We enter. I am surrounded by women who knock on the portal covered with green sheets using the clapper, caress it and then touch their head or face. They cry clinging to the silver railing of the window that allows those who cannot or cannot enter the tomb to see from the outside. They knot the green threads or ribbons that have already been knotted by other women 12 times. We are in the courtyard of the mosque but not inside the tomb because Fatima has her period, she cannot enter, and we don't want to leave her alone. It is time for prayer. We settle on the carpets. While my companions are praying, I, who am sitting next to them, have time to reflect and to look around. On my right I see a couple opening a black scarf and spreading it on the bare floor for everyone to walk over. When Fatima finishes one of her prayers she explains to me that that gesture serves to ask Imam Ali to cure the illness of a loved one. It is as if in that way the scarf is "charged" with sacred energy and is used to cure the sick. She too did it when she was in Mashad, in the Shrine of Imam Reza, for her daughter who was still not speaking at the age of 3. Once she got home she caressed her with the scarf and after 3 days she started talking.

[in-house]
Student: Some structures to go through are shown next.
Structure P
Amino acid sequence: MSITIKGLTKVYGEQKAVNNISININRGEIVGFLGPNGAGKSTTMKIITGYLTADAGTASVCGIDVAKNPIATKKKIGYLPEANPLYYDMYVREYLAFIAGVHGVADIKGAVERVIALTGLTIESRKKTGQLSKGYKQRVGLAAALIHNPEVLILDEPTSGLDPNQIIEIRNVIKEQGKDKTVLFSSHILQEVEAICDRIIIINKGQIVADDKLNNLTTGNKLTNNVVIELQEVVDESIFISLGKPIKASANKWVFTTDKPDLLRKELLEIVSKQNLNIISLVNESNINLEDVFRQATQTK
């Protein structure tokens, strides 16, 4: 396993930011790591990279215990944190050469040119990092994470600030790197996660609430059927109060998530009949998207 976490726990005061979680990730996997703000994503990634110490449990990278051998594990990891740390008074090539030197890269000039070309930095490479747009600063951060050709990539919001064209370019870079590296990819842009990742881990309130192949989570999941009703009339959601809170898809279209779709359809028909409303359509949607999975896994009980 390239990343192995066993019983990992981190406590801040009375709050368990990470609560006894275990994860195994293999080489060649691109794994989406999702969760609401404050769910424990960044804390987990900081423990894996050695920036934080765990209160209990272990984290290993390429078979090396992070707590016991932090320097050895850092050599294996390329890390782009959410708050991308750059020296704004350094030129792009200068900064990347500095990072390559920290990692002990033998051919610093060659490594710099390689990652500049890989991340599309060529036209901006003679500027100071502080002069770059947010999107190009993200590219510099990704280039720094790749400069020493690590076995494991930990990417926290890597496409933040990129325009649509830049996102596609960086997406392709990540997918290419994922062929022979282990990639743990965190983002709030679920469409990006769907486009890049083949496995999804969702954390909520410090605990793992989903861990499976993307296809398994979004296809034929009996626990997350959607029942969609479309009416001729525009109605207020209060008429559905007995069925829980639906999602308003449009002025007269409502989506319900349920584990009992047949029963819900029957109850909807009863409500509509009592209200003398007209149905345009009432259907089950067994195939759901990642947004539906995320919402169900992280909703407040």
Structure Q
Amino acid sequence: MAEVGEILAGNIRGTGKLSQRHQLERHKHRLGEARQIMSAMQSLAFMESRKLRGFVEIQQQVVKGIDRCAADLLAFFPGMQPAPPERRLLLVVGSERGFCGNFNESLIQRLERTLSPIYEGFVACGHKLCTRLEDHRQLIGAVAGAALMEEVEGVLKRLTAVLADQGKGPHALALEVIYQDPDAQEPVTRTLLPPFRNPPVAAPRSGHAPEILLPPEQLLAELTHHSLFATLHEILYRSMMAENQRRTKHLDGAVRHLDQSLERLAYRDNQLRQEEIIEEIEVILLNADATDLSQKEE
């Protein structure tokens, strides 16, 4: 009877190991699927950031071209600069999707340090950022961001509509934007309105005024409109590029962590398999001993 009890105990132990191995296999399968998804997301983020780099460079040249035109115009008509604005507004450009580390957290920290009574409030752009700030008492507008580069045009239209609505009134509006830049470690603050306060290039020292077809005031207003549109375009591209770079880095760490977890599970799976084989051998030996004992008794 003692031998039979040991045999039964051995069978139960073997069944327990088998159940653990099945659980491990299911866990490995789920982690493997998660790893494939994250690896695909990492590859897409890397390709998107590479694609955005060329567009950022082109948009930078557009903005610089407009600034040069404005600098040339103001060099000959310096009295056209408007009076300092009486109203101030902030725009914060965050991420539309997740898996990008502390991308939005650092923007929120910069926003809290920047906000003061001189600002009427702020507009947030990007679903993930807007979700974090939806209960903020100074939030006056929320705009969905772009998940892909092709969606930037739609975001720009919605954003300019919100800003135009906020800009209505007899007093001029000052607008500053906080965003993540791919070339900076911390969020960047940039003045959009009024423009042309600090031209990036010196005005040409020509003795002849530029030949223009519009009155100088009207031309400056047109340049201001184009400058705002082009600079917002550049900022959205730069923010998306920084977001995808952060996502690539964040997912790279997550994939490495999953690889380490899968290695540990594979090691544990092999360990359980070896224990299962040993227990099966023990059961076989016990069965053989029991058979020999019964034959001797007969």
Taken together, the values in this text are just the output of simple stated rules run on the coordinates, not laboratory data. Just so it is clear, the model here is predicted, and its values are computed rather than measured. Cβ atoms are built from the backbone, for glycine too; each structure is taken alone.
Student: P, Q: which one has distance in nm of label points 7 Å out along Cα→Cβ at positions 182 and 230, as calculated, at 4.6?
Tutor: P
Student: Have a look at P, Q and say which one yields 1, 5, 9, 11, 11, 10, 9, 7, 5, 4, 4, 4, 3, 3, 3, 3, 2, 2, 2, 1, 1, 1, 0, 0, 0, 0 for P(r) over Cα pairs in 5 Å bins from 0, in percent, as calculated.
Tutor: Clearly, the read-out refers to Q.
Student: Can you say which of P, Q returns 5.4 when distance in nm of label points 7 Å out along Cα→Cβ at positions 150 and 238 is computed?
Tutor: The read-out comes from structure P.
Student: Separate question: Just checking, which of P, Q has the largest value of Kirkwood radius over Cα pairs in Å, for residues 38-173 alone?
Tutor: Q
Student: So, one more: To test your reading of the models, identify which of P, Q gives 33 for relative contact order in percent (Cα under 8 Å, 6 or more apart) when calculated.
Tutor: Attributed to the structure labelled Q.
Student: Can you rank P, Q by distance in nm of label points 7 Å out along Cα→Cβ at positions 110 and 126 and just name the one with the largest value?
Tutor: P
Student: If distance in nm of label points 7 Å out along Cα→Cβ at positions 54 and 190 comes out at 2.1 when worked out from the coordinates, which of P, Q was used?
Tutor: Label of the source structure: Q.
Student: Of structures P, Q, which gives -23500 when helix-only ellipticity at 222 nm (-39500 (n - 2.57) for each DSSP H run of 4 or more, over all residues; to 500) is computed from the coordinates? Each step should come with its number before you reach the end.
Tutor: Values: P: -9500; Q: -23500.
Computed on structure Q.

It's the first day. I arrived in Iraq at 2 am. After the accommodation, the visit to the Imam Ali Shrine and the dinner based on rice and boiled chicken, I go to sleep at 9.30 pm.
Around 4.30am I begin to hear some noises: some are getting ready for the first prayer and around 6.30 all of them have prayed. The comings and goings from the room to the bathroom for the ablutions have benn continuous. After the prayer, time is suspended: some of them are sitting and looking into the void, evidently still sleepy, some lie down again and others eat yesterday's bread or some snacks brought from home. It is getting light and breakfast also arrives.